Artificial intelligence and machine learning have been potent tools in the fight against cybercrime in recent years. Hackers, not surprisingly, have noticed. Sophos CTO Joe Levy expects them to take action next year, both by assaulting the machine learning engines that good guys rely on and by building engines of their own.
“As the cat-and-mouse game between attackers and defenders continues, we can expect both offensive and defensive machine learning tools of increasing sophistication and effectiveness to develop rapidly,” Levy says. “Over the next year, we expect to see more incidents where cybercriminals attempt to trick machine learning detection and classification models, and even leverage machine learning to generate highly convincing fake content for social engineering attacks.”
Webroot CTO Hal Lonas finds that last possibility especially chilling. “Perhaps the scariest scenario is the use of AI to become a component of the production of deepfakes, where it could be used to automatically edit out artifacts and ‘glitches’ that can be used today to differentiate between real and fake,” he says. “Eventually, we will see a world where we will not be certain that the entity on the other end of any conversation—phone call, email, text, tweet, article, or feed—is human or not.”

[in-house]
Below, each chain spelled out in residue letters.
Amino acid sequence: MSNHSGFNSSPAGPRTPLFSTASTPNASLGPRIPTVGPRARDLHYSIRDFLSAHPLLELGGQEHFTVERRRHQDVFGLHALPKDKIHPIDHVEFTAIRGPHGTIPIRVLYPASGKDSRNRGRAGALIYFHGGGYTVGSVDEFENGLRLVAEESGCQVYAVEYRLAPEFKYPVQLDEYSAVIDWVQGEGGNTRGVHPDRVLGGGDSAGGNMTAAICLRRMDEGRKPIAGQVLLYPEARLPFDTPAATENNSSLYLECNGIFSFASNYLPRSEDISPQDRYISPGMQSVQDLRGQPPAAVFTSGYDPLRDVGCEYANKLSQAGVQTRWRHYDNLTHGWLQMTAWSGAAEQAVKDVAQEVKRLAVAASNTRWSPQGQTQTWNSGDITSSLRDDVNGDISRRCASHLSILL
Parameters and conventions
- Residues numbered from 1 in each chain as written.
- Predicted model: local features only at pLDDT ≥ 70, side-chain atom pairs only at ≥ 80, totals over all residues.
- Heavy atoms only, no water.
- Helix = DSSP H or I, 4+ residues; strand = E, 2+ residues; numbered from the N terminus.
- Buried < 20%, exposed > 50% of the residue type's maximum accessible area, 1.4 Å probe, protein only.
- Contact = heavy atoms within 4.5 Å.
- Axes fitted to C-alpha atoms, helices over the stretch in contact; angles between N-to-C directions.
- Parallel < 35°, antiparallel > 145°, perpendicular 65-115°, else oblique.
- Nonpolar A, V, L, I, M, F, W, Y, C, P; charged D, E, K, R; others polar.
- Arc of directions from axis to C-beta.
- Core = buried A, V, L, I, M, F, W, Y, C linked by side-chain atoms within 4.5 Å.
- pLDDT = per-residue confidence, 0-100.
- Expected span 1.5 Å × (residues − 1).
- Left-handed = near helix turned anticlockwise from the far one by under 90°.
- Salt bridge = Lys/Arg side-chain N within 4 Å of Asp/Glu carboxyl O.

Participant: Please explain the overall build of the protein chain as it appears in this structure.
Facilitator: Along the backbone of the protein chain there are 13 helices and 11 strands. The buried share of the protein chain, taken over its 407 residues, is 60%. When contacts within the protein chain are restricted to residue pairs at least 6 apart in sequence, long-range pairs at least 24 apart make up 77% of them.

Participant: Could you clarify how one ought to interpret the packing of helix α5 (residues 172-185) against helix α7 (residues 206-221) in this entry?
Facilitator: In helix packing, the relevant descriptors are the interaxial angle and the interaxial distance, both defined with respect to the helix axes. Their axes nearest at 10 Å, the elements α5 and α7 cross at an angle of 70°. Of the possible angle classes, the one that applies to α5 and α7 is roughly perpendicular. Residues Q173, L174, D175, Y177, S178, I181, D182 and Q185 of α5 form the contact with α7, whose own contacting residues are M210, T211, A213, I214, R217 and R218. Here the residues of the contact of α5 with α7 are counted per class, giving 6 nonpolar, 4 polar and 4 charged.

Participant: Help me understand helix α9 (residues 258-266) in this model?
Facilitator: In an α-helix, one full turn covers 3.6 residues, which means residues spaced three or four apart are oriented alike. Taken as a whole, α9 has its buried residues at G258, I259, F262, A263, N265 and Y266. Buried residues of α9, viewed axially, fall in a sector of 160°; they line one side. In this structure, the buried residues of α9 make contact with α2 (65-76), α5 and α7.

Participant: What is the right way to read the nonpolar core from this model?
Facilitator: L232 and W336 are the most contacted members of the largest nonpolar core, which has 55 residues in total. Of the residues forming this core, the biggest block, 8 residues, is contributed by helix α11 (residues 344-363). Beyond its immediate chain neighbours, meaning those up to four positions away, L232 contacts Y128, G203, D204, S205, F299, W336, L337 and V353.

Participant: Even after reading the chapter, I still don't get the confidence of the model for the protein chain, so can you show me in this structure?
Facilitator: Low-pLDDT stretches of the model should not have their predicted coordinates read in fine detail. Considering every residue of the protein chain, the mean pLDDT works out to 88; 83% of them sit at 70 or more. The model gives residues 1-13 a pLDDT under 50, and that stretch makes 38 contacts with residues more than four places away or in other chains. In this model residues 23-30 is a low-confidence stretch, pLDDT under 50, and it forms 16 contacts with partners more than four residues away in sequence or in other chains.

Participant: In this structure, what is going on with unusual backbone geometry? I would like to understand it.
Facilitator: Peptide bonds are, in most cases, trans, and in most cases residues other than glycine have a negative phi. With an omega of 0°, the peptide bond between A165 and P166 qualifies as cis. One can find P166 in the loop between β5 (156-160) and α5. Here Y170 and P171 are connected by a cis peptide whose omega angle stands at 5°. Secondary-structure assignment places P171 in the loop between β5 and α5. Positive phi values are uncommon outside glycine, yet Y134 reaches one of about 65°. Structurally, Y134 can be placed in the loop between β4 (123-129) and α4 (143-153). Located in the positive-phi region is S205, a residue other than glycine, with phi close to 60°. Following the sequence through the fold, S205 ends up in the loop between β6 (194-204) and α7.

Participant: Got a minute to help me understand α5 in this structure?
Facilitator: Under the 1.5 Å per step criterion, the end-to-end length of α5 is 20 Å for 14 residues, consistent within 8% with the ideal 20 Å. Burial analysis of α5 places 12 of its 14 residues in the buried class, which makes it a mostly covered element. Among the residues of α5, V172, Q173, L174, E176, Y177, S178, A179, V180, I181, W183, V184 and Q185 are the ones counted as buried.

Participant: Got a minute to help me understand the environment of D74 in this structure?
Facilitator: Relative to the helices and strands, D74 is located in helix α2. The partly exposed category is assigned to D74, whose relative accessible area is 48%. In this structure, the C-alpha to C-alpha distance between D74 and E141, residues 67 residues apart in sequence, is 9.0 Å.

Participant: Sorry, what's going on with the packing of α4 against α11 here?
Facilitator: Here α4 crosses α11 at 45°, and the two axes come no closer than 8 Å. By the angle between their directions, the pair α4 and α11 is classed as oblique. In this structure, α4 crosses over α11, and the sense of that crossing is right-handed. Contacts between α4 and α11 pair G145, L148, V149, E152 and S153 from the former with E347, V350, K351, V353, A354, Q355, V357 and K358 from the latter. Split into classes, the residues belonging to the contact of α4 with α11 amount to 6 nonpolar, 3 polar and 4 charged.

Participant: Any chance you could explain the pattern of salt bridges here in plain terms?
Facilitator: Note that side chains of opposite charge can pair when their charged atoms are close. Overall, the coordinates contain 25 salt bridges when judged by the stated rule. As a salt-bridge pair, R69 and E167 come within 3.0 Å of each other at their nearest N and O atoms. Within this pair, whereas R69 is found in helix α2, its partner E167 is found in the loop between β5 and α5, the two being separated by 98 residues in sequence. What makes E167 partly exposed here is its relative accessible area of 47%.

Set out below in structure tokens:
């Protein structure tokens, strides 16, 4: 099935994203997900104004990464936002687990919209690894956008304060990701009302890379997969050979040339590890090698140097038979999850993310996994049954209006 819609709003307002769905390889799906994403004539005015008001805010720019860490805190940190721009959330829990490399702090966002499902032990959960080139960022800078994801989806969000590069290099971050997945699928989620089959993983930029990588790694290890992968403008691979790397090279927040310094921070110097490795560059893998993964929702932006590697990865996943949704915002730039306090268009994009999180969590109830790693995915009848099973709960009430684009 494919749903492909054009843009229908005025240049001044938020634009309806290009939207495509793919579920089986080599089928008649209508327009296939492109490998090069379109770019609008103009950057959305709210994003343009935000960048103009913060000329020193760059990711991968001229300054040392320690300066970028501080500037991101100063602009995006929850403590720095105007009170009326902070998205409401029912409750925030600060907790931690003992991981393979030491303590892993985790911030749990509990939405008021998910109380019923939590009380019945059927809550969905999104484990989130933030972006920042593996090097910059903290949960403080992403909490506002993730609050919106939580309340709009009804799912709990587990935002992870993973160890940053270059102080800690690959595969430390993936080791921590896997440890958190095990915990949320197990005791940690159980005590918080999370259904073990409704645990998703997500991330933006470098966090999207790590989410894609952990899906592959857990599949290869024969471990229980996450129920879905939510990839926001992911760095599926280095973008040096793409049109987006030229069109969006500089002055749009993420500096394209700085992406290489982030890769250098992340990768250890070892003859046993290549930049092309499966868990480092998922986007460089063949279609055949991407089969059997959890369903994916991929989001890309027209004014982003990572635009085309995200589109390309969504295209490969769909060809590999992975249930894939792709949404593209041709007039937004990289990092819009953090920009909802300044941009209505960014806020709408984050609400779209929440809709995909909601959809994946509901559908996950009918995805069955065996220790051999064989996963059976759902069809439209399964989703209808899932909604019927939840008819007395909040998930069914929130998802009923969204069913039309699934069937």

The only answer, Levy argues, is to rely on a combination of artificial and flesh-and-blood intelligence rather than AI alone. “By combining human threat hunters with the leading threat intelligence and technologies like deep learning, organizations can detect and contain even the most sophisticated attacks faster, minimizing their impacts and costs,” he says.
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